4 views (last 30 days)

I have a problem understanding how symbolic functions should be handled when first manipulating them and then sending to optimisation. I have symbols in matrices which I manipulate and try to send the final result to ga optimisation function.

For example:

>> fun = @(q) q(1)^2 + q(2)^2 + q(3)^2 + q(4)^2;

>> [x,fval,exitflag,output,population,scores] = ga(fun,4,[],[],[],[],zeros(4,1),ones(4,1),[],[1:1:4]);

Works OK, but leads to errors:

>> B=q(1)^2 + q(2)^2 + q(3)^2 + q(4)^2;

>> fun = @(q) B;

>> [x,fval,exitflag,output,population,scores] = ga(fun,4,[],[],[],[],zeros(4,1),ones(4,1),[],[1:1:4]);

The errors are:

xxxxx

The following error occurred converting from sym to double:

DOUBLE cannot convert the input expression into a double array.

Error in fcnvectorizer (line 13)

y(i,:) = feval(fun,(pop(i,:)));

Error in gaminlppenaltyfcn

Error in gapenalty

Error in makeState (line 64)

Score = FitnessFcn(state.Population(initScoreProvided+1:end,:));

Error in galincon (line 17)

state = makeState(GenomeLength,FitnessFcn,Iterate,output.problemtype,options);

Error in gapenalty

Error in gaminlp

Error in ga (line 366)

[x,fval,exitFlag,output,population,scores] = gaminlp(FitnessFcn,nvars, ...

Caused by:

Failure in user-supplied fitness function evaluation. GA cannot continue.

Failure in initial user-supplied fitness function evaluation. GA cannot continue.

xxxxx

What I understood B becomes evaluated and q1, q2, q3, q4 are no longer understood as q(:).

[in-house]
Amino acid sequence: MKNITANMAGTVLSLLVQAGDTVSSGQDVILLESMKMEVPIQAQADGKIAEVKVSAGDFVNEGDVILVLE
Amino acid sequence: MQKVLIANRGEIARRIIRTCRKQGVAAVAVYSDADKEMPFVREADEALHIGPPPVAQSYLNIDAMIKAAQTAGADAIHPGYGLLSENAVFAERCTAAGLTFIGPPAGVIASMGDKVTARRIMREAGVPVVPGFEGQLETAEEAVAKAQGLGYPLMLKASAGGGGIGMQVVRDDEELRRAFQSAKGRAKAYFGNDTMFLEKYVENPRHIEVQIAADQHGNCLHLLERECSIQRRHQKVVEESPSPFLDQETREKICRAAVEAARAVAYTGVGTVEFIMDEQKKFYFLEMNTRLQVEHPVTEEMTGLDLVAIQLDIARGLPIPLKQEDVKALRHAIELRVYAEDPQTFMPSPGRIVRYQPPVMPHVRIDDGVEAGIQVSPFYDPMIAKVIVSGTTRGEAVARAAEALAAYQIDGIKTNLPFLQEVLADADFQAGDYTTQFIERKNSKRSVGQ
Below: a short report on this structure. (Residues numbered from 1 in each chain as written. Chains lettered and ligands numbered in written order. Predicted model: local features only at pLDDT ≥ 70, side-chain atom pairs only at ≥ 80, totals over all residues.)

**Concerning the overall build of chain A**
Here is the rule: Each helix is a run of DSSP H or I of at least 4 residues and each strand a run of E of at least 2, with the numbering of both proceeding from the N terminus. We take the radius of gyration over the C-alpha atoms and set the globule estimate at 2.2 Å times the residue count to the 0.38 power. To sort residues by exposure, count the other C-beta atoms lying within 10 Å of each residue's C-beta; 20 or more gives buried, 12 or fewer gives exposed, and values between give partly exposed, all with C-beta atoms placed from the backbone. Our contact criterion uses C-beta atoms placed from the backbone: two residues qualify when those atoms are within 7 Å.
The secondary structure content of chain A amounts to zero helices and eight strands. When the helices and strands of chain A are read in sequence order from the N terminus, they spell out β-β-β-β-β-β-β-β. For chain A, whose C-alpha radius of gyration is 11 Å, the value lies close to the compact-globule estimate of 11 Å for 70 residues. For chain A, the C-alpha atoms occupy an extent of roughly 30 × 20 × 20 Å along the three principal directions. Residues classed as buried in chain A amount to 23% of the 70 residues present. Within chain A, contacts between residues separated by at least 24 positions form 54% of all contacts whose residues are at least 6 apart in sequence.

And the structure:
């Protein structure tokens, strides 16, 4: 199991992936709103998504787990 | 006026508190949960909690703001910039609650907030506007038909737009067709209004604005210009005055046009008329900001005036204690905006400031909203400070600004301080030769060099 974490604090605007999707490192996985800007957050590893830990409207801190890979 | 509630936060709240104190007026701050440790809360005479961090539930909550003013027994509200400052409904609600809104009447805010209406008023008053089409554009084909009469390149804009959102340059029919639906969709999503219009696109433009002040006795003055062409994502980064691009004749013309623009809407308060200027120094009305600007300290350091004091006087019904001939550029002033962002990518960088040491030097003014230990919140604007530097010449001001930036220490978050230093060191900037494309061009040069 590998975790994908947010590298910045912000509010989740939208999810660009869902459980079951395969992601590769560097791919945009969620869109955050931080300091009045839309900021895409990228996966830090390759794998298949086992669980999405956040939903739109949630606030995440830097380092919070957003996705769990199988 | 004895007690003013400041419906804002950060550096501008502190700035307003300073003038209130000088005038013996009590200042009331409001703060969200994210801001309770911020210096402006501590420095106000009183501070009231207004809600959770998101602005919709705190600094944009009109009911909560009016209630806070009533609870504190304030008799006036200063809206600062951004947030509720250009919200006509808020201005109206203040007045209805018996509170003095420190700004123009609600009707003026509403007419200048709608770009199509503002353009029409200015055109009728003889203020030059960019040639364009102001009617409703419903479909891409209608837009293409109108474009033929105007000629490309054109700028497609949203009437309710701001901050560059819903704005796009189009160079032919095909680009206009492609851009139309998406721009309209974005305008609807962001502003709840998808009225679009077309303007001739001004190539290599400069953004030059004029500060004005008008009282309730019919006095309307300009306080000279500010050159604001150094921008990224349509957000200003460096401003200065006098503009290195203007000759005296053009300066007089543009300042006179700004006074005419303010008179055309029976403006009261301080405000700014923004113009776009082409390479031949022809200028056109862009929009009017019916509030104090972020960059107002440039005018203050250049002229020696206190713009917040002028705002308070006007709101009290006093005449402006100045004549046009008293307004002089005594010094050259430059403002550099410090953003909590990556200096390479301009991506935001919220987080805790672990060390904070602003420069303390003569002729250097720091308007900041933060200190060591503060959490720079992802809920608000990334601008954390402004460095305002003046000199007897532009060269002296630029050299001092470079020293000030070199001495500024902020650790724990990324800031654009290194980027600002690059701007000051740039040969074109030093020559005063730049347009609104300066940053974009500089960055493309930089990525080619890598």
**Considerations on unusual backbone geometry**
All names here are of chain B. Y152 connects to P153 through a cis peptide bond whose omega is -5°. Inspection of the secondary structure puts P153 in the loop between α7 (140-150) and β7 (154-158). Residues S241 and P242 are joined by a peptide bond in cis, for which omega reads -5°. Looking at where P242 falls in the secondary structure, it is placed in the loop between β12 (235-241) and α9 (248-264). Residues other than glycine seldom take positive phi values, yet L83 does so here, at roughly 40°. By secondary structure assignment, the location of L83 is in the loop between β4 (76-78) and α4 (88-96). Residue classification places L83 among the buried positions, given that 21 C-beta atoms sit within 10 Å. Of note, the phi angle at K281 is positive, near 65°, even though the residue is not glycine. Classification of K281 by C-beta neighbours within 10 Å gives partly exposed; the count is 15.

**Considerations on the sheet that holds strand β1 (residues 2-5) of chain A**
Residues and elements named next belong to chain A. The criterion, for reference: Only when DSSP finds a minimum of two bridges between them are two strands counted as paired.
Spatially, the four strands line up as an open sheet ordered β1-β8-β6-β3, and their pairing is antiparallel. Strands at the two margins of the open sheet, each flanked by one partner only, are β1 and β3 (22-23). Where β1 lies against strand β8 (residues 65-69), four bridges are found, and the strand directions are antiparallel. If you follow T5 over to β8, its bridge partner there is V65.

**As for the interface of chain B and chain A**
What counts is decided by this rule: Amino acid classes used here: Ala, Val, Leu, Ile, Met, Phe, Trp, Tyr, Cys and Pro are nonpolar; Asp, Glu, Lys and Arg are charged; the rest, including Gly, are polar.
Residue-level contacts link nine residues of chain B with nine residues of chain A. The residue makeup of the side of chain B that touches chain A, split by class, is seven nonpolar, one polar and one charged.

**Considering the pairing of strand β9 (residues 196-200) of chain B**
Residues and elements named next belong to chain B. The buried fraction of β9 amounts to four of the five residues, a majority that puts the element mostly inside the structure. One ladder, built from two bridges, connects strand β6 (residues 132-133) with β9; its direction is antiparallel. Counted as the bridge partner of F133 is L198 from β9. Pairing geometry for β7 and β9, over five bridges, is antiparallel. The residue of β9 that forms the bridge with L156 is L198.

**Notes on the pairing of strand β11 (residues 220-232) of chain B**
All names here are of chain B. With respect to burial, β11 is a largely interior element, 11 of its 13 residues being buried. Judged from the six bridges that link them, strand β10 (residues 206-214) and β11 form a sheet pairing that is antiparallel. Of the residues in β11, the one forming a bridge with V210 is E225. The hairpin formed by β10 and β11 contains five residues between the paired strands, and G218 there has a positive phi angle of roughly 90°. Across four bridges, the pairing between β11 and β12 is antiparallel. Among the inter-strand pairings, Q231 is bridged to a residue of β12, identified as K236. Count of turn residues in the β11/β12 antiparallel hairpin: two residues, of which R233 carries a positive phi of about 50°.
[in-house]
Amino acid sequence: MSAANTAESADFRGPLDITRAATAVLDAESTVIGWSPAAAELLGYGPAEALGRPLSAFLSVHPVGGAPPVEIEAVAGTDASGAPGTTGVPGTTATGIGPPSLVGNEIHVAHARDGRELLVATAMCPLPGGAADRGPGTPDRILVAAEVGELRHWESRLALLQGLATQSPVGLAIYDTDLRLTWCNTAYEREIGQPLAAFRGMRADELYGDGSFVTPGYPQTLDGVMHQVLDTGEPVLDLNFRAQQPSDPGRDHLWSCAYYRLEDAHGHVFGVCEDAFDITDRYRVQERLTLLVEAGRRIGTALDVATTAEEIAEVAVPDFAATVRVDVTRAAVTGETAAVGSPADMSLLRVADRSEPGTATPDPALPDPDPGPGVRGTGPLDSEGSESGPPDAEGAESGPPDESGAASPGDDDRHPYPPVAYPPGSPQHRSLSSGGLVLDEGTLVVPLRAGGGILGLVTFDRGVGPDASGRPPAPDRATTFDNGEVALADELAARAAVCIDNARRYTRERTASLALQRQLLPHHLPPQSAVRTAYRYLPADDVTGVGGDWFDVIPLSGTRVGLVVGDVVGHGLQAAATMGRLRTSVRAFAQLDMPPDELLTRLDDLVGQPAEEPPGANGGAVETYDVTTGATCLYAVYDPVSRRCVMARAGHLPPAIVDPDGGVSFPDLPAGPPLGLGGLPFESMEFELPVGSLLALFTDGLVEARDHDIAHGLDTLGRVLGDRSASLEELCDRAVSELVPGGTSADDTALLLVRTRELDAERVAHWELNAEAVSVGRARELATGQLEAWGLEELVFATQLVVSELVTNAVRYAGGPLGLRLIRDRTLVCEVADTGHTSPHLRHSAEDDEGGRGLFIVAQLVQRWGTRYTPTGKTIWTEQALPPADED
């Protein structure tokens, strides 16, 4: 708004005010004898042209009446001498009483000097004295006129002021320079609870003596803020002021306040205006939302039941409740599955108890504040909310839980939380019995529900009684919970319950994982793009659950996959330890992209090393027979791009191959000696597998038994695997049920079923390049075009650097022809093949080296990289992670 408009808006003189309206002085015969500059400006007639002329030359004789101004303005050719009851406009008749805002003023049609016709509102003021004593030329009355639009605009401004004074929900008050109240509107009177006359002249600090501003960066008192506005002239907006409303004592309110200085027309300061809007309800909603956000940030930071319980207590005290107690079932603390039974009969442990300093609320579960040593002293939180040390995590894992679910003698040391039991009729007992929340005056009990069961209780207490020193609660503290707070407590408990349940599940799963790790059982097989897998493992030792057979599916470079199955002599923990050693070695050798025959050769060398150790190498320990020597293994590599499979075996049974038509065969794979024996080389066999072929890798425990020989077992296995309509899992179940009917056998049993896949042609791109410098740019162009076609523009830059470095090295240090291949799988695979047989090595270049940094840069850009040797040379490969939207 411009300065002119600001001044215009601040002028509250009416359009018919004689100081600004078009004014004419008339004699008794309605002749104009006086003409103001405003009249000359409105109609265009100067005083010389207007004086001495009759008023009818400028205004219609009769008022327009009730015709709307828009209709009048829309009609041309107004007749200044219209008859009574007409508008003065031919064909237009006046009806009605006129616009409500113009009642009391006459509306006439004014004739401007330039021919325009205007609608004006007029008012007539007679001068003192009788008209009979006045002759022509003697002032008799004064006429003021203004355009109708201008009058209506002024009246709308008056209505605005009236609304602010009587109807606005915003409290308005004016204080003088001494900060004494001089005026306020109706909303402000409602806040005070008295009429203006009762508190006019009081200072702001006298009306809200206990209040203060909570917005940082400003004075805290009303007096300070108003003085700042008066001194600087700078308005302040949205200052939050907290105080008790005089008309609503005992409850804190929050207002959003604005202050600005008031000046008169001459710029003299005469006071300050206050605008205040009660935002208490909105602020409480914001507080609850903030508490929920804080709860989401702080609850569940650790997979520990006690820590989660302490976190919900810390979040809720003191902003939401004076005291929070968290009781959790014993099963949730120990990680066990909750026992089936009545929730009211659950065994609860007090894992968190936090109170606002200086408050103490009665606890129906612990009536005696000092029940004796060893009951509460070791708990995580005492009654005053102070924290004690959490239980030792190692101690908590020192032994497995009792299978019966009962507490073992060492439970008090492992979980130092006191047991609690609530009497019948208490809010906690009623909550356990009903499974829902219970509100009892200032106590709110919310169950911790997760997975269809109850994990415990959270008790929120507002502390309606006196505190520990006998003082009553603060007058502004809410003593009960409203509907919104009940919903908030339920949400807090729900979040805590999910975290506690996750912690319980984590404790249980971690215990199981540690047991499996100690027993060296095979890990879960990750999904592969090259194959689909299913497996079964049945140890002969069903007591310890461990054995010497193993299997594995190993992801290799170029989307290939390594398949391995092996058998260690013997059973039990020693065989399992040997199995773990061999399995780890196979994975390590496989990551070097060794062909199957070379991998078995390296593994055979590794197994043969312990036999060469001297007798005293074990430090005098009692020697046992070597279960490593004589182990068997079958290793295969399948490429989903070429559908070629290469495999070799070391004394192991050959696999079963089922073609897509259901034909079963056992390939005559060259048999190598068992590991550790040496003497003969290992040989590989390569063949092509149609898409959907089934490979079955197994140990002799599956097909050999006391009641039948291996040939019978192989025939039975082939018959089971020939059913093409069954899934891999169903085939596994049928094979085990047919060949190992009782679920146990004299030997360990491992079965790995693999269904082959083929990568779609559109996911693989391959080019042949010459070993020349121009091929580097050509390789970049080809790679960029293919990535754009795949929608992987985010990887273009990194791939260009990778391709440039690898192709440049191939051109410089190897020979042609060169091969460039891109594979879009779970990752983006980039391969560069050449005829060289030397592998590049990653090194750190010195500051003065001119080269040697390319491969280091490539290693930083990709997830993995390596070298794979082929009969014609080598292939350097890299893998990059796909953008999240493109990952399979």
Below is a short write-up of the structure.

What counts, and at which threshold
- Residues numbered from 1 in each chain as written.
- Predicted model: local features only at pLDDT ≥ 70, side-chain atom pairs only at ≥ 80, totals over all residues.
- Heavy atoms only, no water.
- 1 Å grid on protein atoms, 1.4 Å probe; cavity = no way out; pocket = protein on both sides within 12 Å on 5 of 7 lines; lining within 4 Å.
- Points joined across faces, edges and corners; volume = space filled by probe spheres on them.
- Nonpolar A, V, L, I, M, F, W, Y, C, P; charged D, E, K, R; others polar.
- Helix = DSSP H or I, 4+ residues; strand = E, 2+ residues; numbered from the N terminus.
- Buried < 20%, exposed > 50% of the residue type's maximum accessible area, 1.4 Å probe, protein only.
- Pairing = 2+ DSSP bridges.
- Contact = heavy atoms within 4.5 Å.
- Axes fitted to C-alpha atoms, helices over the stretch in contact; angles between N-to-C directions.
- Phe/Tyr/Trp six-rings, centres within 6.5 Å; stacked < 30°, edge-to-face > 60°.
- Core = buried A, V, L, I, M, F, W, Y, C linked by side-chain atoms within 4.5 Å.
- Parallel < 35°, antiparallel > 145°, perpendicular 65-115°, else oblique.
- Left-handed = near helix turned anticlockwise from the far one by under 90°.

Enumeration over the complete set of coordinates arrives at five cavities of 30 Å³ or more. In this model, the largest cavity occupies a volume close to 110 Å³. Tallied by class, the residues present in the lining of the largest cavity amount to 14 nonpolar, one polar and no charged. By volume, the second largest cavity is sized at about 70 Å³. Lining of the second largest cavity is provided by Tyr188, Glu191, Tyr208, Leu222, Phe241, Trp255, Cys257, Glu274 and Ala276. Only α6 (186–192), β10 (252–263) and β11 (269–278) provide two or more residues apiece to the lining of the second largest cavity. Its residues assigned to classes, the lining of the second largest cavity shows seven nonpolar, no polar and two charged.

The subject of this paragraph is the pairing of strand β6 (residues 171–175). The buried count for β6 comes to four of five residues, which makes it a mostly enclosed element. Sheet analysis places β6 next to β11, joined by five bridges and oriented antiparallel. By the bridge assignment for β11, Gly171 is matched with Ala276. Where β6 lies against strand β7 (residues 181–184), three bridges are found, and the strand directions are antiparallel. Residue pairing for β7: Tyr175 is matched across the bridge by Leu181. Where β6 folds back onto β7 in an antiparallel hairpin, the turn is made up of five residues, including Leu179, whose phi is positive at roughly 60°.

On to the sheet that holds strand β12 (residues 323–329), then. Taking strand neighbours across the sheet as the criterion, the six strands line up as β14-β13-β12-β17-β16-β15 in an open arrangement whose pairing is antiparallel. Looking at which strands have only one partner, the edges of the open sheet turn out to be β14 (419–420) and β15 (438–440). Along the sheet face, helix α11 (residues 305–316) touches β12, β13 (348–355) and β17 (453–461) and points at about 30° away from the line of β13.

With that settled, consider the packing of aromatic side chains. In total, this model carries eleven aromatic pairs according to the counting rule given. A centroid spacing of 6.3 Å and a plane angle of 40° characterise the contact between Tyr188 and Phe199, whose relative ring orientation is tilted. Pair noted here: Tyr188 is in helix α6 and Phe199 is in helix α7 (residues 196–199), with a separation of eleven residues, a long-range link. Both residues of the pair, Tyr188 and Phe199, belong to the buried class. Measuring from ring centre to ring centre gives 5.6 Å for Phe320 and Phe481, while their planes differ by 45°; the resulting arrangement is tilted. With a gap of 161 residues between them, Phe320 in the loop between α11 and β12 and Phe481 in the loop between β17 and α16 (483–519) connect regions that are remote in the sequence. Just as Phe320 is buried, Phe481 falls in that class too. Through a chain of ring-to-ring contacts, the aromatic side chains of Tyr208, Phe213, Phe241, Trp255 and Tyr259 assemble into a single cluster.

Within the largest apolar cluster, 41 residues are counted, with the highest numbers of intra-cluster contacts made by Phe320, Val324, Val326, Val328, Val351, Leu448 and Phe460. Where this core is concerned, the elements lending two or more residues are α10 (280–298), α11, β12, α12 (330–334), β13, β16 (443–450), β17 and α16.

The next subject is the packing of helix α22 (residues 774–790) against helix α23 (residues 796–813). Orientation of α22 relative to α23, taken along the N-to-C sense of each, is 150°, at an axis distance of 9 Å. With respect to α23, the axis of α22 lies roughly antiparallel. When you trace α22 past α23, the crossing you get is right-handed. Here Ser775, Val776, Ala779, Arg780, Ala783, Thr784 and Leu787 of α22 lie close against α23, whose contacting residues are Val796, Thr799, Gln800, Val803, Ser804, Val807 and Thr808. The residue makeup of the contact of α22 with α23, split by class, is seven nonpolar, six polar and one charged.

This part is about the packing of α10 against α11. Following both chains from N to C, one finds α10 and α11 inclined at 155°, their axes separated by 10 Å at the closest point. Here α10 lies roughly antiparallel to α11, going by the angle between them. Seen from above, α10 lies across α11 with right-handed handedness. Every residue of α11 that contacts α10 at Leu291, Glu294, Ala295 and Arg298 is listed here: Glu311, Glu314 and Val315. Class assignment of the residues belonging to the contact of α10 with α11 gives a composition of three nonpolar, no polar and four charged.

Question: I have a matrix manipulated and having symbolic values q1...q75. How should I introduce them to ga function?

Alan Weiss
on 20 Nov 2017

You should convert your symbolic variables to a MATLAB function before trying to pass them to a solver such as ga. See Using Symbolic Mathematics with Optimization Toolbox and Symbolic Math Toolbox Calculates Gradients and Hessians for examples.

Alan Weiss

MATLAB mathematical toolbox documentation

Alan Weiss
on 20 Nov 2017

The first example:

fun = @(q) q(1)^2 + q(2)^2 + q(3)^2 + q(4)^2;

This function accepts a row vector of double-precision variables, which is what ga passes by default, and returns a double-precision scalar, which is what a solver expects.

The second example:

B = q(1)^2 + q(2)^2 + q(3)^2 + q(4)^2;

fun = @(q) B;

If q is a symbolic expression, say

syms a b c d

q = [a b c d]

then what do you think that fun([1 2 3 4]) gives?

fun([1 2 3 4])

ans =

a^2 + b^2 + c^2 + d^2

You see, you made the function incorrectly. If, instead, you make

fun2 = matlabFunction(B,'vars',{q});

fun2([1 2 3 4])

ans =

30

I hope that this helps you understand the difference.

Alan Weiss

MATLAB mathematical toolbox documentation

Find the treasures in MATLAB Central and discover how the community can help you!

Start Hunting!
## 0 Comments

Sign in to comment.